They held up signs and their fists and the memory of George Floyd. Tens of thousands of protesters marched worldwide in what could be the biggest one-day mobilization against racial injustice since a white Minneapolis police officer pressed a knee into Floyds neck for several minutes. Even after a week of the most significant protests

Sato misses IndyCar season opener after crash practice
06/06/2020 7:21pm

FORT WORTH, Texas AP Takuma Sato missed the delayed season-opening IndyCar race after his team wasnt able to get the car repaired in time for the green flag Saturday night after a crash in qualifying. Sato got high into Turn 1 on the high-banked Texas Motor Speedway on the start of his qualifying run,

Tensions ebb as cities worldwide hold peaceful protests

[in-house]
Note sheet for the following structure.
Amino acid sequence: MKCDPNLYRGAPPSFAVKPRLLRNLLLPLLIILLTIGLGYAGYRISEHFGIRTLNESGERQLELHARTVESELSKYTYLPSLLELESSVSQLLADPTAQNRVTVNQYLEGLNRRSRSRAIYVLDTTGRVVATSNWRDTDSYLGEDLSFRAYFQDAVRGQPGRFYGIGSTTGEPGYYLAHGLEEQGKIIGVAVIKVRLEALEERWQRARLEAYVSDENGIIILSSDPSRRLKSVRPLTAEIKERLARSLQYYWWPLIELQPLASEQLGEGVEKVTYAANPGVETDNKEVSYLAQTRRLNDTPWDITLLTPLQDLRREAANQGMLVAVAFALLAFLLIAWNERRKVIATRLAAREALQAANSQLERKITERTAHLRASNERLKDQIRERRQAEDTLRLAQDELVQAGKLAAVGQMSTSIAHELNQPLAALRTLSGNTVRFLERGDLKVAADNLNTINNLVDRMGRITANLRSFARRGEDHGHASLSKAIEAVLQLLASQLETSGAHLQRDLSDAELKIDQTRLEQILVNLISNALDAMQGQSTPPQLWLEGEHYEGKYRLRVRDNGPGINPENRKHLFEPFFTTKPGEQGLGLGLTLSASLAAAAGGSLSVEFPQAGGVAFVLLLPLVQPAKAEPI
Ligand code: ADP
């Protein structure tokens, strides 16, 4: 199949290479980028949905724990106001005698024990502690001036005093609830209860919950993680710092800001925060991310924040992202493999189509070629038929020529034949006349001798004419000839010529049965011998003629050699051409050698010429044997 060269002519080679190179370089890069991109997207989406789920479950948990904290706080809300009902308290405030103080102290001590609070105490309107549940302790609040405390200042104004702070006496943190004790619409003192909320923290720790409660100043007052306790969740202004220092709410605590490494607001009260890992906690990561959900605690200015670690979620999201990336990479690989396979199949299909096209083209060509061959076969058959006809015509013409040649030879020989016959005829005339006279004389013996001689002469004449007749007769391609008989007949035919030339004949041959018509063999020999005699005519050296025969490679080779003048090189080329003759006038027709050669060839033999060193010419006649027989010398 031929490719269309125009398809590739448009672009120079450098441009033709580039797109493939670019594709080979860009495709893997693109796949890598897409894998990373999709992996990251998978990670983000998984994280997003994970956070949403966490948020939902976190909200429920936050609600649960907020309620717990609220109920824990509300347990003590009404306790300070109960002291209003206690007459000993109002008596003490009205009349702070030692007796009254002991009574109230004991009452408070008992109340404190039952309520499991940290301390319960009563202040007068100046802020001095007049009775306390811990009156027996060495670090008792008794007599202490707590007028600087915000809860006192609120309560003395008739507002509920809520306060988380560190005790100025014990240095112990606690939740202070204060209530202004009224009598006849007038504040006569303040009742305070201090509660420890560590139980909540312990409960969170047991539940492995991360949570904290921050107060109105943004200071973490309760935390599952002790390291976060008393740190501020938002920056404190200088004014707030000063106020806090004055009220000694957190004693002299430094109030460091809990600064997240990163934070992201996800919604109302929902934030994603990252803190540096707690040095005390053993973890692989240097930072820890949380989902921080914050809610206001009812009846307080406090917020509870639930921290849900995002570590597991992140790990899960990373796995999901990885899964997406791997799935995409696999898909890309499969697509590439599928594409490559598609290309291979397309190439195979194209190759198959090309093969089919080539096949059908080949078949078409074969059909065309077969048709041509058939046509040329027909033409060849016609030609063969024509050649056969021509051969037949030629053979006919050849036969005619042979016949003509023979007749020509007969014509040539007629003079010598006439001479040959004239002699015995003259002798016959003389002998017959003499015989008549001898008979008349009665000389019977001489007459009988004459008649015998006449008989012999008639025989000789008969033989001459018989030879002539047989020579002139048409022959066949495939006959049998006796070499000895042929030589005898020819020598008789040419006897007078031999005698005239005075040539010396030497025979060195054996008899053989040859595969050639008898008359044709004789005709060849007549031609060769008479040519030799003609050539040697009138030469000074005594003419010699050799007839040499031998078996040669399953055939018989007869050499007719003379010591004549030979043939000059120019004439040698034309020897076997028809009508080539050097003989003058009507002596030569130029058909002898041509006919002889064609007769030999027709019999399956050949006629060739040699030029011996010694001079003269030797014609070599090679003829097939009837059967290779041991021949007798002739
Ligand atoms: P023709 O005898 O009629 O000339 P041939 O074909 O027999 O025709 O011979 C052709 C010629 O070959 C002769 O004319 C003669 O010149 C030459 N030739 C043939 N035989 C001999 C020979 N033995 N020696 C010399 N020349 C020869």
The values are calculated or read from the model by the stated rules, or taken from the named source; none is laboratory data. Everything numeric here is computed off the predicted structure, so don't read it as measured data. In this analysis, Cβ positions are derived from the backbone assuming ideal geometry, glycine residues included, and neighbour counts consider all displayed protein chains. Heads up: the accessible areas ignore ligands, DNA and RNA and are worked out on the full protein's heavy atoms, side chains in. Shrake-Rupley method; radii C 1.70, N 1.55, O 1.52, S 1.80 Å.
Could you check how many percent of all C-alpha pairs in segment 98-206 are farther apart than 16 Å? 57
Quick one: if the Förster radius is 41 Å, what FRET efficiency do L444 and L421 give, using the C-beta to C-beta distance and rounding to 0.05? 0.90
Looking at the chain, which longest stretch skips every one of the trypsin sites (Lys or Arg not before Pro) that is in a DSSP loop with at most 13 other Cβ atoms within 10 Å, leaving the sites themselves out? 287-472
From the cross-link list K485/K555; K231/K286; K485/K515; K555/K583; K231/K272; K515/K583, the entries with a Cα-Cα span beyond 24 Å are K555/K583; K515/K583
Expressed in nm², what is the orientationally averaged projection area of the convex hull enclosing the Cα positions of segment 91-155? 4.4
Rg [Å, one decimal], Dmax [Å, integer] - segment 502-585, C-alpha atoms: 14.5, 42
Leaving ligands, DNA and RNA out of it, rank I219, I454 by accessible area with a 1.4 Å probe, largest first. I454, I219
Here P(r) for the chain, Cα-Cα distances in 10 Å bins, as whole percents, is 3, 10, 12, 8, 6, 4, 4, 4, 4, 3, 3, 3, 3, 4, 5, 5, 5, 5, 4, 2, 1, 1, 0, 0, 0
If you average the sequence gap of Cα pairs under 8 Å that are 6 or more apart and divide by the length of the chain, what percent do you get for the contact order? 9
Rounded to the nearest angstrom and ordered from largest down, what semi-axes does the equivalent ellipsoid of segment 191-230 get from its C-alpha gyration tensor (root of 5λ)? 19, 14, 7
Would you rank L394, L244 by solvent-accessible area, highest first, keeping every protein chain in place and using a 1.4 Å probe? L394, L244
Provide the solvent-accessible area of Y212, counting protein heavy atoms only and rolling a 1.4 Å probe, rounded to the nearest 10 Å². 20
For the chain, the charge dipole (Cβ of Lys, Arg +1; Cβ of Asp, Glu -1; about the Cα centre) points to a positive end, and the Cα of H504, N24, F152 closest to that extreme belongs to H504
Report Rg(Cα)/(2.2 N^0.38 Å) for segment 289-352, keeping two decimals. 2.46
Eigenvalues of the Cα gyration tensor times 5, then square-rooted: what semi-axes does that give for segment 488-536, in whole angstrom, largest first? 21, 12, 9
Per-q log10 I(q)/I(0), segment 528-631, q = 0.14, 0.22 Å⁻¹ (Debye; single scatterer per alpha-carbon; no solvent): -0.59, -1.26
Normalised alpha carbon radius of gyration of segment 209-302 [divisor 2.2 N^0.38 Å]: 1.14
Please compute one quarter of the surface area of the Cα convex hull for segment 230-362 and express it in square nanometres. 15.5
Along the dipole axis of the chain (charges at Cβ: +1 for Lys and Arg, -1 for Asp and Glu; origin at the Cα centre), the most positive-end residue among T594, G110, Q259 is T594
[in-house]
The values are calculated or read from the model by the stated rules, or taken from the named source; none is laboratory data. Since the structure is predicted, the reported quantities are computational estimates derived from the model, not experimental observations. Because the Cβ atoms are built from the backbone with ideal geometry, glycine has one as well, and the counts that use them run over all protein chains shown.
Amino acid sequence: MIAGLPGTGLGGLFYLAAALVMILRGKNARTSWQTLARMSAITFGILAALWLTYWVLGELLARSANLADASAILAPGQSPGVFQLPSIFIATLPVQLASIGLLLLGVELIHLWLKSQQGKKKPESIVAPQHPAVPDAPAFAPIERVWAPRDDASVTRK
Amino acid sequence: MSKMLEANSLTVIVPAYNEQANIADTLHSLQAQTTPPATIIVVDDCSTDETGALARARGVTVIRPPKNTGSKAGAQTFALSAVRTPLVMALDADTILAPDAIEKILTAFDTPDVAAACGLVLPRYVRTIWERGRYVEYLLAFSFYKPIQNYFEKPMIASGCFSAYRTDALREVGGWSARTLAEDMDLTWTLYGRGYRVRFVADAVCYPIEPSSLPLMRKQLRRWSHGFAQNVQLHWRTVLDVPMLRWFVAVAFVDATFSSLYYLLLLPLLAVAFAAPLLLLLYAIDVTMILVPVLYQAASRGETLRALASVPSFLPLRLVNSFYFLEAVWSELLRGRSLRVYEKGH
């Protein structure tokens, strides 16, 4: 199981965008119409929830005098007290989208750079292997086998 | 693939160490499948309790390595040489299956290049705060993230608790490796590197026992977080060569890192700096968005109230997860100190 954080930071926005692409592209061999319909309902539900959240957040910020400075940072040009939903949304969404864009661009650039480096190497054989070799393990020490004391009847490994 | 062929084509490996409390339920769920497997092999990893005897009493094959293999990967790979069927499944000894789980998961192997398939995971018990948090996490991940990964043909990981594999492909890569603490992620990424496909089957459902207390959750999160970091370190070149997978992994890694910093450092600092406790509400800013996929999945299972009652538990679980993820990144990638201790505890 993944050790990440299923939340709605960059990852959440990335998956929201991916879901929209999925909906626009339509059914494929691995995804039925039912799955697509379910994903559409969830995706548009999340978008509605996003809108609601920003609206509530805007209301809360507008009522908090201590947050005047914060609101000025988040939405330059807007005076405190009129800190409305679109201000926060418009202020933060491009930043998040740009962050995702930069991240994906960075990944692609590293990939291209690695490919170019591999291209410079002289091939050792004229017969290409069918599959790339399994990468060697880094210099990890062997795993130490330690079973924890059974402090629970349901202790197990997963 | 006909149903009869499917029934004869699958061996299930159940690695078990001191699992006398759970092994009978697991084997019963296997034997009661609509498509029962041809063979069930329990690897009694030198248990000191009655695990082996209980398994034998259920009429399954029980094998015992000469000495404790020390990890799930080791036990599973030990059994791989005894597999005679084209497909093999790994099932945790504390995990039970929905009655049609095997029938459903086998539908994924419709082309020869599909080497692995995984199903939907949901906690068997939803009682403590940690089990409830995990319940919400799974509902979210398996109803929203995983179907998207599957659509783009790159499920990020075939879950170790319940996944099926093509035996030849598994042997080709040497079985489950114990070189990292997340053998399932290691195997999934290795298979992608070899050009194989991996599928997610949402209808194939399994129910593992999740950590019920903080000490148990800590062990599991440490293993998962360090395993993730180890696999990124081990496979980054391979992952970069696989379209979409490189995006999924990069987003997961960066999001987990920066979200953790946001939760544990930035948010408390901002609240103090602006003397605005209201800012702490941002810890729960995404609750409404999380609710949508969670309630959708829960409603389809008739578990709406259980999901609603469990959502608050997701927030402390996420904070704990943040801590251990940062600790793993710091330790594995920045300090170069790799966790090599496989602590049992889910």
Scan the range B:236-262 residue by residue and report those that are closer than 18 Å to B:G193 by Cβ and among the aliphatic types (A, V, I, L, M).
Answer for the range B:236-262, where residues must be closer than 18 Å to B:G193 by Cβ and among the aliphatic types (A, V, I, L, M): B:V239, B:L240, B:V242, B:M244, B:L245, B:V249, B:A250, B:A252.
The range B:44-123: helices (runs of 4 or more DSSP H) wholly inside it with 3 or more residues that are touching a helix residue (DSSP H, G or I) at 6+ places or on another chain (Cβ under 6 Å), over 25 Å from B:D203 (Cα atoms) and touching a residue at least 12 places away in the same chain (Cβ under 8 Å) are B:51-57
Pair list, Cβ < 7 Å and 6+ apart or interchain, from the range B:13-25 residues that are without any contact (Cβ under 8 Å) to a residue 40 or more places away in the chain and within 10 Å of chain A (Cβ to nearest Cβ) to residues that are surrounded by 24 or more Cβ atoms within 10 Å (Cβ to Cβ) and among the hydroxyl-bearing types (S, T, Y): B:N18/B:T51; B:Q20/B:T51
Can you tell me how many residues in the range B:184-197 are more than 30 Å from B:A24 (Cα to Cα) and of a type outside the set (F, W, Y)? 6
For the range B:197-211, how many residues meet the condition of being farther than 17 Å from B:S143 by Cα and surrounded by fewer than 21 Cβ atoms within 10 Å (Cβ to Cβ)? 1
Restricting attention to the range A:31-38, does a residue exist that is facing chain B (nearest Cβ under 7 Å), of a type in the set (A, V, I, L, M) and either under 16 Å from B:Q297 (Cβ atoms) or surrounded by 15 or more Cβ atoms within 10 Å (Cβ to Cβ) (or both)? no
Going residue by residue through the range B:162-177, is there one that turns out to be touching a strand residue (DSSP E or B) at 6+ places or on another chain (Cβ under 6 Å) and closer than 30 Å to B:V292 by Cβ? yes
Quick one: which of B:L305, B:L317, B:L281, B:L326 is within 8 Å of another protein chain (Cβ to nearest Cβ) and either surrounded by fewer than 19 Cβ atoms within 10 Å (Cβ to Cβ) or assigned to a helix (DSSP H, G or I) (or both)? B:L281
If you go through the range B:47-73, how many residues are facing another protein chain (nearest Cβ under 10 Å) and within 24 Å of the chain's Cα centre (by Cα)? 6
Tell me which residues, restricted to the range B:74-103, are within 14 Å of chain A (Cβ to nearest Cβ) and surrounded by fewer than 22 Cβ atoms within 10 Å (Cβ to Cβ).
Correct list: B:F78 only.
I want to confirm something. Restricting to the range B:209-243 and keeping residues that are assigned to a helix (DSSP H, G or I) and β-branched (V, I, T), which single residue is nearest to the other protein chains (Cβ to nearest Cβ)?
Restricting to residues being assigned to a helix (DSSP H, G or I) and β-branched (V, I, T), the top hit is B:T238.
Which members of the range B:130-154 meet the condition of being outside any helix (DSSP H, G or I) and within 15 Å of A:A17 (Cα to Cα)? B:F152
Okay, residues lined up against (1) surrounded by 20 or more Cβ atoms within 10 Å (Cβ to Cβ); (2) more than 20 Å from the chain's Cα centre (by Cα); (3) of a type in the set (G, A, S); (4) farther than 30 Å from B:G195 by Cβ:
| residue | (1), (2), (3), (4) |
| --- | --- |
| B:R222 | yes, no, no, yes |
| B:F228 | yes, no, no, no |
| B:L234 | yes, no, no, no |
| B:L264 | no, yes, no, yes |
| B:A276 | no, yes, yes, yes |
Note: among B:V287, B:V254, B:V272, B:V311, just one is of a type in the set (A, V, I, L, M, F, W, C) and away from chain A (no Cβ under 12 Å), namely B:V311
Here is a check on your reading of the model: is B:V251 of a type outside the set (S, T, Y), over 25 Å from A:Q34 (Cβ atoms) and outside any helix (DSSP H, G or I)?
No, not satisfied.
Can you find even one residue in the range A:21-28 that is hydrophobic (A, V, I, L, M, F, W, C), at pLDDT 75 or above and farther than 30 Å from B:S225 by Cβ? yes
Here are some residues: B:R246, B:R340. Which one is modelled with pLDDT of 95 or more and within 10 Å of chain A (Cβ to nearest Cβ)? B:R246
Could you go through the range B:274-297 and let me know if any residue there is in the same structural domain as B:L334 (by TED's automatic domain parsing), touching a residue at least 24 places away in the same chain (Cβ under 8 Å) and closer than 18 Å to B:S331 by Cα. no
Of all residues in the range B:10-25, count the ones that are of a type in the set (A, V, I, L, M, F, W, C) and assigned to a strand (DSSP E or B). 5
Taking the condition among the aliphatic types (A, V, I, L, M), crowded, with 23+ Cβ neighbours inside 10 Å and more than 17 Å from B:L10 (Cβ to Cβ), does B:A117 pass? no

06/06/2020 7:20pm

Demonstrators filled the streets in cities around the world Saturday, staging some of the largest and most peaceful protests against racism since a 46-year-old black man, George Floyd, was killed on Memorial Day after a Minneapolis police officer knelt on his neck. People marched in Washington, Philadelphia, Los Angeles, London, Berlin, Paris, Sydney and elsewhere,

Honor A. P. wins Santa Anita Derby
06/06/2020 7:16pm

ARCADIA, Calif. AP Honor A. P. won the $400,000 Santa Anita Derby by 2 3/4 lengths Saturday to move into the Kentucky Derby picture. Ridden by Hall of Famer Mike Smith, Honor A. P. ran 1 1/8 miles in 1:48.97 and paid $6.40, $2.60 and $2.20. It was Smiths third straight win and fourth

Page Sponsor

Rudolf Birkenkopf Agency
  • • Auto & Vehicle
  • • Home & Renters
  • • Life & Health
(206) 286-8516
Directions Website
View More Info

Explore Seattle

AttractionsDate IdeasEducationFestivalsGolf CoursesGovernmentHidden TreasuresHospitalsLocal NewsLocal Sports NewsMoviesMuseumsMusic & TheaterNational Entertainment NewsNational NewsNational Sports NewsNightlifeOutdoorsRadio StationsShoppingSportsToursTransportationUtilitiesWeather